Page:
The Cincinnati Symphony Orchestra has announced that Louis Langrée will not seek to renew his contract beyond the end of the 2023-24 season, his eleventh as the Orchestra’s musical director.
Since taking office in 2013, Louis Langrée’s tenure has been marked by a daring program including a Pelléas Trilogy; Beethoven [R]evolution including a reconstruction of the legendary Akademie 1808; the Concertos project for orchestra; 125th anniversary season programs demonstrating the Orchestra’s pioneering heritage; and initiatives such as CSO Proof, the Fanfare Project, CSO Look Around, LUMENOCITY, One City / One Symphony and MusicNOW, a collaboration with composer Bryce Dessner. Langrée has conducted the Orchestra on European and Asian tours and the Lincoln Center Great Performers series; won two Grammy Award nominations with the Orchestra for Best Orchestral Performance; welcomed Matthias Pintscher as a creative partner; and presided over the Orchestra’s absence from the Music Hall during its major renovation.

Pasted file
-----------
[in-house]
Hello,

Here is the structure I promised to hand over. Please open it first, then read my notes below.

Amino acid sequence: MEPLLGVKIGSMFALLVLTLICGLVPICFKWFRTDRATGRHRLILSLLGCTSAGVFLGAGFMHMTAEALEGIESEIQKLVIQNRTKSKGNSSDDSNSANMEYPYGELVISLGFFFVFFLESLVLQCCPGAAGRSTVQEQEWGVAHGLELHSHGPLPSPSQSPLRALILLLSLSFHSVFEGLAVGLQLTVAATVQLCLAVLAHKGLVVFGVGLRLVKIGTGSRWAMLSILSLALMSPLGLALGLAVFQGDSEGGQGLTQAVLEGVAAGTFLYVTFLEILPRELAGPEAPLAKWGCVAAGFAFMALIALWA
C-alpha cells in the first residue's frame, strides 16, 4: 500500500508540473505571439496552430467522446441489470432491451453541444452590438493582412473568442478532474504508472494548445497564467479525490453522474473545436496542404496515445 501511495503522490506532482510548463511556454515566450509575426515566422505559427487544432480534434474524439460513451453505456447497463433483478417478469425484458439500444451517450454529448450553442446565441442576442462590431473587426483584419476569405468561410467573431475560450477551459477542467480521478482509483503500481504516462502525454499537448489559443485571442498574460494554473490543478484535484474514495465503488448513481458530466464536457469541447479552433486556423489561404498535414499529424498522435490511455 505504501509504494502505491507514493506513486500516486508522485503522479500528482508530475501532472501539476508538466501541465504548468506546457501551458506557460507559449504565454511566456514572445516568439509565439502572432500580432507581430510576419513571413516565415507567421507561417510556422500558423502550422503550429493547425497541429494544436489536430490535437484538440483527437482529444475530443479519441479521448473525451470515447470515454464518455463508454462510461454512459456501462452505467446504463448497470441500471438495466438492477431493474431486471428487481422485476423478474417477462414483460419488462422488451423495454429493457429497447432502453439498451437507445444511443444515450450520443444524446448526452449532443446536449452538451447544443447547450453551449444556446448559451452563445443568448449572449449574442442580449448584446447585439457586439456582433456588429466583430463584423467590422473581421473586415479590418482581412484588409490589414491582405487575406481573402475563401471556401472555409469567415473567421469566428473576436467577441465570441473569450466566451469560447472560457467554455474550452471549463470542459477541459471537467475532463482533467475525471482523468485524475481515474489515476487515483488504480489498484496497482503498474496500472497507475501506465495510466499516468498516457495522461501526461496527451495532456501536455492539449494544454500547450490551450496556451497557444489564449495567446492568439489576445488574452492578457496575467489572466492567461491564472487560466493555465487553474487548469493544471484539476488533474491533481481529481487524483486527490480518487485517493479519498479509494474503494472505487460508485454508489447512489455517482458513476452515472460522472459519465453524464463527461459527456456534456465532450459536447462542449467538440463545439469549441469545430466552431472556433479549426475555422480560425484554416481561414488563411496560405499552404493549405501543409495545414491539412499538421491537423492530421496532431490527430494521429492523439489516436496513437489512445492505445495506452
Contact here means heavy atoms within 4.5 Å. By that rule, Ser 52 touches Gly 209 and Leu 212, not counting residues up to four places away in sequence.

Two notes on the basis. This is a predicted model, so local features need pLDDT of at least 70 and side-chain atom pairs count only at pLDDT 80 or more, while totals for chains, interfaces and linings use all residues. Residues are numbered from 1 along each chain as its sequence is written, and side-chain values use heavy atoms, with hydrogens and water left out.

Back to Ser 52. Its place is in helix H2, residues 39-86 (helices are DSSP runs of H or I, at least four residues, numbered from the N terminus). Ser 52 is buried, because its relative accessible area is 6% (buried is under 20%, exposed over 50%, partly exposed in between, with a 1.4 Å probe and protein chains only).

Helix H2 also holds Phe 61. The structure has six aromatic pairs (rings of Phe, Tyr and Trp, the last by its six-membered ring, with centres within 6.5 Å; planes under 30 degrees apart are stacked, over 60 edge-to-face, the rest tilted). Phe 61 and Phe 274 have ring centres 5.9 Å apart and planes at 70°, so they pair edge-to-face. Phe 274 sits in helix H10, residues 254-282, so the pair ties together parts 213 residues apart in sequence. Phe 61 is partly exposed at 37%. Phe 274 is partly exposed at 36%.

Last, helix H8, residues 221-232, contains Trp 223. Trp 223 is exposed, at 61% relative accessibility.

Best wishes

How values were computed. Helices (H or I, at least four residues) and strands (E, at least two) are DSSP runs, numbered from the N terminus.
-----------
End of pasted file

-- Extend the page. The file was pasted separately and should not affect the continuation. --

During the COVID pandemic, Langrée was a catalyst for the Orchestra’s return to the stage in the fall of 2020 with a series of digital streaming concerts, then in January 2021 by welcoming an audience in person to the Music Hall.
Between the start of his mandate and the end of the next 2021-22 season of the CSO, Langrée and the CSO will have commissioned or co-commissioned 36 new works for orchestra and he will have conducted 30 creations from a wide range of composers, including Julia Adolphe, Daníel Bjarnason, Jennifer Higdon, Jonathan Bailey Holland, Kinds of Kings, David Lang, Missy Mazzoli, Nico Muhly, Christopher Rouse, Caroline Shaw and Julia Wolfe.
Langrée and the Orchestra also commissioned 20 composers to write solo instrument bands for CSO musicians during the COVID pandemic, including Michael Abels, Marcos Balter, Peter Boyer, Courtney Bryan, Bryce Dessner, Ted Hearne, Tyshawn Sorey, Georgia Stitt and Du Yun, whose new works have been premiered on the Orchestra’s website.